Reporter reflects on his own Herald story

Special to The Herald


It was supposed to be a story about a Christmas tree.

But like so many stories published in this newspaper, it ended up being so much more.

Not long after tracking down the 90-year-old man who donated the towering 32-foot-tall pine that stood on the Courthouse Square in Jasper last December, I sat in his garage, with tears in my eyes, mourning the long-ago death of a woman I’d never met.

Leo Eckerle of Jasper donated the tree. It had belonged to his late daughter, Sheila. They uprooted it from a forest together in 1973 and planted it in her front yard. Years later, Sheila was diagnosed with breast cancer. She died in her father’s arms at the age of 44.

Leo loved her and didn’t want to lose her. But seeing that Christmas tree shine for the place she loved so dearly reminded Leo that his daughter is still with him.

I cried again when this came to my mind as I cruised along a desert interstate in Nevada last week. No longer a Herald employee, I sped past canyons and valleys, reflecting on my four years in Dubois County while driving to my new home in Mariposa, California.

I wrote more than 1,000 stories for this newspaper. Some were straightforward and explanatory. Others were complicated and emotional. The ones that ended up surprising me — those were my favorites.

Wednesday, I began my new job as a staff writer at the Mariposa Gazette. The rural publication’s office sits at the rugged foothills of the Sierra Nevada in Central California. My beats include education, sports and Yosemite National Park.

The next chapter of my life is beginning. And I could never have made it here without all of you.

I thought a lot about Dubois County on my four-day drive to the West. The trust. The openness. The shared belief that what Herald writers and photographers do on a daily basis is valuable. I thought about the honesty that would follow after I’d introduce myself. I thought about the respect that comes with The Herald name.

At its best, this job affords an unobstructed view of the big picture that few people actually get to see — let alone share. That view contextualizes the world for the one carrying the notepad. That view is the reason why I learned more about myself in the past four years than in my 22 years combined before landing in Jasper.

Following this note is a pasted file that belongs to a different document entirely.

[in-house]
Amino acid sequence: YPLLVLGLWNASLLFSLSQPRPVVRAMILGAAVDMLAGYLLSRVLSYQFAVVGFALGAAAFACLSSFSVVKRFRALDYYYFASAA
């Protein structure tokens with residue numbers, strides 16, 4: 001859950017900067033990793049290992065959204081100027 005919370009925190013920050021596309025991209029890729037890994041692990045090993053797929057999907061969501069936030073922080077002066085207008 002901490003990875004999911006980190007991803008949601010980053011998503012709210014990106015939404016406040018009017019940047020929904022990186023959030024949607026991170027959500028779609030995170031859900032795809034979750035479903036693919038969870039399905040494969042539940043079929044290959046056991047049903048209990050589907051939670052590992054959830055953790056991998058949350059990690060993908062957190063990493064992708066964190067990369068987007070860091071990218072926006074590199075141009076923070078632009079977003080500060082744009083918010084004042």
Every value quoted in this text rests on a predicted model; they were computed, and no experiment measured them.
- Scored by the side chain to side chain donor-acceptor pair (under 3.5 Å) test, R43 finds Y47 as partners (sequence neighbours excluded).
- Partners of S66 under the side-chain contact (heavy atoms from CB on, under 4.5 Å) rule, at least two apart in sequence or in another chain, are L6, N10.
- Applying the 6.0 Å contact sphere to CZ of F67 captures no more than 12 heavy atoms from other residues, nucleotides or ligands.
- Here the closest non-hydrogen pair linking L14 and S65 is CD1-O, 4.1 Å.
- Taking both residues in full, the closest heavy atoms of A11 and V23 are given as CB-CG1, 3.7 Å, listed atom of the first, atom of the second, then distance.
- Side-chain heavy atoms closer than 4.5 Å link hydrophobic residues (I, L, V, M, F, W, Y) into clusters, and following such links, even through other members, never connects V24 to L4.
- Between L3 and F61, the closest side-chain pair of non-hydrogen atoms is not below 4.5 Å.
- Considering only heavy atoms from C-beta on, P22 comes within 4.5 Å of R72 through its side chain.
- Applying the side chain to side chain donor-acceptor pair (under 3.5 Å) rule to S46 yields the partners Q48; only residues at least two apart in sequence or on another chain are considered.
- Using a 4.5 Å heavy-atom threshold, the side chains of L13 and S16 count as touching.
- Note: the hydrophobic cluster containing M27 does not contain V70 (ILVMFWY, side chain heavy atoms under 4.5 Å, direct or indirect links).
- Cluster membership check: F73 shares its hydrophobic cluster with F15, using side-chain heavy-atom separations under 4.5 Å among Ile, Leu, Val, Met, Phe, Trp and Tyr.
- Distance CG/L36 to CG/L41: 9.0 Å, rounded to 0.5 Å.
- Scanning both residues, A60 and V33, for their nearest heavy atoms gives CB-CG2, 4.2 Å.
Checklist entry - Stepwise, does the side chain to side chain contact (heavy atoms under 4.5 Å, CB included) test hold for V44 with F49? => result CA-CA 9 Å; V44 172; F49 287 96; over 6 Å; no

I thought about my colleagues as I drove farther and farther away. The veterans who welcomed and trained a young and inexperienced writer like a son. My peers, who showed me that I wasn’t alone when I started on the job in 2016, and who made my time in Southwestern Indiana some of the best years of my life.

We gorged on pizza on late election nights.

Packed into my tiny apartment to celebrate holidays.

Played board games together. Stumbled around at Strassenfest and danced to polka music for hours. Climbed to the roof of the Herald building and talked about the future as our lives were just beginning.

This staff is resilient. These people are strong. Yes, the Herald has changed.

The team that puts the paper together, however, still cares. Everyone on that team is still putting their all into everything they produce. And that isn’t going to change anytime soon.

I thought about myself when I finally crossed into California. Not only how I had grown professionally, but also how I had matured personally during my time in Dubois County. How over the course of four years, I transformed from someone who was constantly afraid and unsure of himself into a man confident enough to drive across the country and bet everything on himself in pursuit of a lifelong goal.

That’s when I realized that my own Herald story was full of surprises, too.

When I first arrived, I thought I was supposed to leave with a few good bylines.

But like so many journalists who worked in this community before me, I left with so much more.

Thank you all for believing in me.

When he’s not gallivanting around mountains, Allen Laman can be reached by email at or by phone at 209-966-2500.

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